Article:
Anal Intraepithelial Neoplasia, Anal Warts & Cancer

AIN.  HPV. What Do These Initials Mean?

In these times of abbreviations and limiting complex issues to under 140 words, important items seem to get lost in the abbreviations (OMG!).  However, anal infectious diseases pose threats to all of us. This is especially true for the Human Papilloma Virus, or HPV.  The virus is the cause of anal warts as well as anal (and cervical) cancer.  Anal cancer is thought to begin as an infection which evolves through stages.  This infection causes cellular changes known as anal intraepithelial neoplasia, or AIN.  Therefore, regular exams and screenings by a proctologist, also known as a colon and rectal surgeon, are important.  Why?

Why?  AIN.

If an HPV infection is detected early enough and the infection eradicated, the progression to cancer can hopefully be stopped. When the anal area is infected with HPV, the virus enters the cells, setting up an inflammation which may ultimately result in the transformation to anal cancer.  The infection can be seen microscopically and is termed anal intraepithelial neoplasia, or AIN.  It is graded as AIN I, AIN II and AIN III, with each stage being more advanced.  The anal cells become disorganized, resulting in dysplasia, which is a step along the path to anal cancer.

HPV has many subtypes, each relating to a different form of disease.  And, here is the key point:  Most people, when infected, are infected by more than one subtype and are therefore subject to developing a number of different diseases.  In this case, we worry specifically about anal cancer and anal warts, also known as condyloma acuminata.  And that is how all of this ties together.  With visible disease, such as anal warts, your surgeon worries about co-existing anal cancer or pre-cancer.  HPV has many faces.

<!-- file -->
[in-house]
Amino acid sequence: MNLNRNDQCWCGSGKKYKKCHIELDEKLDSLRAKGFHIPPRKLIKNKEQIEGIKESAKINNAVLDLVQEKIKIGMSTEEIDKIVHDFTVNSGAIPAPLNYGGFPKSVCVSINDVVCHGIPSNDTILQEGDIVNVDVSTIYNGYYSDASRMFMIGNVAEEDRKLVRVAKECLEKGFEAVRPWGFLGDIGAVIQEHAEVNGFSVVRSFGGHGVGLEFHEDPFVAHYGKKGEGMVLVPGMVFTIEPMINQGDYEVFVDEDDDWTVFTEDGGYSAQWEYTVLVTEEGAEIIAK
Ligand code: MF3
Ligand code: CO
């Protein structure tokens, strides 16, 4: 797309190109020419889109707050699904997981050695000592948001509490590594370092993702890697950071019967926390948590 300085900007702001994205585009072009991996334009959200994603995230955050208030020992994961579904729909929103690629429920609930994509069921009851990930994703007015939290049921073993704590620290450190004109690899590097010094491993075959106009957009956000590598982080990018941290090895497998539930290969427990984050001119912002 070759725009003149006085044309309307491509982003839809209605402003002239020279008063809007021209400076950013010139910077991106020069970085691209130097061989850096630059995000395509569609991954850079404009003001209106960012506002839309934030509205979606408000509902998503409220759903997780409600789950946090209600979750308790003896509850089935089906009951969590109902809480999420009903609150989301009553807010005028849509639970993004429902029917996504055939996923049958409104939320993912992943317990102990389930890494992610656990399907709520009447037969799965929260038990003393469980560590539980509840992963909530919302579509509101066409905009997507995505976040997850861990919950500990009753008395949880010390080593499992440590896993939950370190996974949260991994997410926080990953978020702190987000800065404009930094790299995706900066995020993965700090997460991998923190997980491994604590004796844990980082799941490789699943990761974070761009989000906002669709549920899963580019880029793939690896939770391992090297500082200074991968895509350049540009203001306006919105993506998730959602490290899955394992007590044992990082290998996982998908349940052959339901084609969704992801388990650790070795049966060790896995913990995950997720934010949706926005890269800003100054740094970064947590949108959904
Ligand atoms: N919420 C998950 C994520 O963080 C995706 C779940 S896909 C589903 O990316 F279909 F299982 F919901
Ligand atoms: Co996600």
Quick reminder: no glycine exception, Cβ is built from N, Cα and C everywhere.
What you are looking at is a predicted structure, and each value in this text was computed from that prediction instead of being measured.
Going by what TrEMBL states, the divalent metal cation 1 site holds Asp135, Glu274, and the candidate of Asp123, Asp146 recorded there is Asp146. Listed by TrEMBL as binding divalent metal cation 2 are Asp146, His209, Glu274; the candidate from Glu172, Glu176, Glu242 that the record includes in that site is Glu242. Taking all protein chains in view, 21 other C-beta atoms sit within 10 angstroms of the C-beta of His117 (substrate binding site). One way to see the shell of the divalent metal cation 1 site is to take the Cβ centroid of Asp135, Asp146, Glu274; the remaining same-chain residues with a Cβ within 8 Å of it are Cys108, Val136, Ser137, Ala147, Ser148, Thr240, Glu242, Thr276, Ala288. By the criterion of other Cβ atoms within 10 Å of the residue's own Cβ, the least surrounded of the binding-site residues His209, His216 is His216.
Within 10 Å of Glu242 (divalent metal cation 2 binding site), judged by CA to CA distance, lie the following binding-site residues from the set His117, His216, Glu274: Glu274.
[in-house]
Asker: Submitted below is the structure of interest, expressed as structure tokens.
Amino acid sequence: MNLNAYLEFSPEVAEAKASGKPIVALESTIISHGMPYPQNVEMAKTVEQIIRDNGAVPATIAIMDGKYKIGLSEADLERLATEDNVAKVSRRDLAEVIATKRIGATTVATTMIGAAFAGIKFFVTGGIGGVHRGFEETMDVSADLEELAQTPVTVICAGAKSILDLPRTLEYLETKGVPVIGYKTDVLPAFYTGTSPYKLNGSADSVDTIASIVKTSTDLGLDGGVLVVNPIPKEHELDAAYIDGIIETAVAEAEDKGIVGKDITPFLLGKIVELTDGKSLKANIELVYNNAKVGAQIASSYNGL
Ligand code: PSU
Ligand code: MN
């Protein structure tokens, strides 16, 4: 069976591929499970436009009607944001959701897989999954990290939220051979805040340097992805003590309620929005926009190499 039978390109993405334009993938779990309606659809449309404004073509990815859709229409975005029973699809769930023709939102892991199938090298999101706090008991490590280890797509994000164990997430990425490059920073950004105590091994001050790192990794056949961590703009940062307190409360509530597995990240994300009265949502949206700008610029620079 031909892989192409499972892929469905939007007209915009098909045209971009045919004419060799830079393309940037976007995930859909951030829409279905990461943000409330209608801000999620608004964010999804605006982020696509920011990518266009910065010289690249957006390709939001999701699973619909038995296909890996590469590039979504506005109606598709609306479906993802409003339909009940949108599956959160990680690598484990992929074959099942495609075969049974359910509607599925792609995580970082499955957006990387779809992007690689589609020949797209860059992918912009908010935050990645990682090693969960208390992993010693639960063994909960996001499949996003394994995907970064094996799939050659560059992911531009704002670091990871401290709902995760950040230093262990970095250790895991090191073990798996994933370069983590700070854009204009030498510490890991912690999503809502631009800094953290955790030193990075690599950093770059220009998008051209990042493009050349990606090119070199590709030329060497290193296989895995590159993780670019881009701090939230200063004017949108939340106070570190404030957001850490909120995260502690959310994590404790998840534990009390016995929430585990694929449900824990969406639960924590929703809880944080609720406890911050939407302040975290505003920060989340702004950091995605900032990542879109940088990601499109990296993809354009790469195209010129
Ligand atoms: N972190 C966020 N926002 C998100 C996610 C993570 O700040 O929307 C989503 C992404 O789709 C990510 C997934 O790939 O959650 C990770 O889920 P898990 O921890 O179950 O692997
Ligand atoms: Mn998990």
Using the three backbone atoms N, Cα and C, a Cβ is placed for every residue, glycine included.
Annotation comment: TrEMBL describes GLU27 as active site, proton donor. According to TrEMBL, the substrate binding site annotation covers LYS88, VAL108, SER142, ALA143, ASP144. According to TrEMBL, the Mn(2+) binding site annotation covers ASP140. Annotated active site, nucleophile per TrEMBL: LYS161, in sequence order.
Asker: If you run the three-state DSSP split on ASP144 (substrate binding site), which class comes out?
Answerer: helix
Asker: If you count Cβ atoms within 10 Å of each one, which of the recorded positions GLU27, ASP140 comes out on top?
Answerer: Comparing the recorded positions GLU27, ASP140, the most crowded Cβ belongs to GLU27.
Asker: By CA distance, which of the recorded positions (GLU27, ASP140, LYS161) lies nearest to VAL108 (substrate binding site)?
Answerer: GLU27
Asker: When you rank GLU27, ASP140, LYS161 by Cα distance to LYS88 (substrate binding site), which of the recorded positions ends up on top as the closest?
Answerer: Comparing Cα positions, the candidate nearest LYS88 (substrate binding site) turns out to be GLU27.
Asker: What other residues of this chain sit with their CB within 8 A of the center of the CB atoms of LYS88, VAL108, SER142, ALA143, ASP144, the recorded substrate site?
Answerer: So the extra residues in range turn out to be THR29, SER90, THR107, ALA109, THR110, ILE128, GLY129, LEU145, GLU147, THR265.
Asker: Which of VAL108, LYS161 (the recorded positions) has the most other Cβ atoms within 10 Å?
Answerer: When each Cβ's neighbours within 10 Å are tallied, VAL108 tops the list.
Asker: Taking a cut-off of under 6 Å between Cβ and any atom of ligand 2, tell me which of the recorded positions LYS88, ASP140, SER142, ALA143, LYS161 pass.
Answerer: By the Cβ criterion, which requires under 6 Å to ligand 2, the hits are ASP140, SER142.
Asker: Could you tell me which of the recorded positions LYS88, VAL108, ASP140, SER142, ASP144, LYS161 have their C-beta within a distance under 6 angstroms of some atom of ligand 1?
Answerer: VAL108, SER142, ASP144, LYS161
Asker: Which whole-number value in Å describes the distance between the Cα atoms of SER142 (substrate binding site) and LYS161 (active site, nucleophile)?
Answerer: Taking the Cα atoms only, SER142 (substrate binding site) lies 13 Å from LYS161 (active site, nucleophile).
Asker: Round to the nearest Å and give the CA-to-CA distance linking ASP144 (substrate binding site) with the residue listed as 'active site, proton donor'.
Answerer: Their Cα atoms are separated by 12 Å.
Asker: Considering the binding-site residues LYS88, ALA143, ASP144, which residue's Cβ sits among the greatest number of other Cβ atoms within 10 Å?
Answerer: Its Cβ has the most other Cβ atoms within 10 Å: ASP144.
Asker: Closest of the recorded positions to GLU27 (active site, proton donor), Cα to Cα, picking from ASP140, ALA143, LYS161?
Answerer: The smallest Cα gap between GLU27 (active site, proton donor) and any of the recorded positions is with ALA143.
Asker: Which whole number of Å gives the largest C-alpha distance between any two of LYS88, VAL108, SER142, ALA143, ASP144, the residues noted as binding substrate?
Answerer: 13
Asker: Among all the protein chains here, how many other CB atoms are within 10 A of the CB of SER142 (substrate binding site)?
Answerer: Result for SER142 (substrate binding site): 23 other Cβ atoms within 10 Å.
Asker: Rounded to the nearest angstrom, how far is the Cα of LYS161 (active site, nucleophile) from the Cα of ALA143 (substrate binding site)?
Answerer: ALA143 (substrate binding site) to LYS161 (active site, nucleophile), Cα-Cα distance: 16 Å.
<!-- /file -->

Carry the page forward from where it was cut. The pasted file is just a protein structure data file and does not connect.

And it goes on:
Who Is At Risk?

Technically, all sexually active people are at risk.  Higher risk groups include HIV negative gay males, HIV positive gay males, a small number of women, gay and straight, who are thought to have cervical abnormalities and others in the population with as of yet unknown risk factors.

Screening.

In at risk groups, or for simple peace of mind, screening is available.  The first step in screening is to speak confidentially and openly with your proctologist.  Following this, an anal exam will be performed and a Pap smear may be performed.  A Pap smear is done by your physician who will place a soft brush into your anal opening in order to obtain cells for examination.  A pathologist will examine the Pap smear cells under a microscope and will look for, and grade AIN.  If AIN is present, diagnostic steps will be taken and treatment may be initiated (not all levels of AIN are treated.)  Importantly,  if, during your visual exam, your doctor sees anal warts, this will serve as an indication that other subtypes of HPV may be present, heightening the suspicion and surveillance.

Treatment.

Anal warts can be eradicated.  HPV can be cured.  AIN can be stopped in its tracks.  While eradication can be accomplished, it may be more difficult in HIV positive individuals.  But, it can be done.  The strategies to do so are complicated and involve several different modalities, or techniques.  The treatments are divided into medical, topical therapies, and surgical therapies.  The key point is that you obtain care from a knowledgeable and experienced physician.

Los Angeles Colon and Rectal Surgical Associates

Skilled, experienced and knowledgeable surgeons are available at Los Angeles Colon and Rectal Surgical Associates.  The surgeons are board certified and schooled in all techniques of treatment.

By calling (310)273-2310, you can schedule your first confidential consultation.  Education and attentiveness to your body are important, and the staff of Los Angeles Colon and Rectal Surgical Associates will help you through all issues related to diseases of the colon, rectum and anus.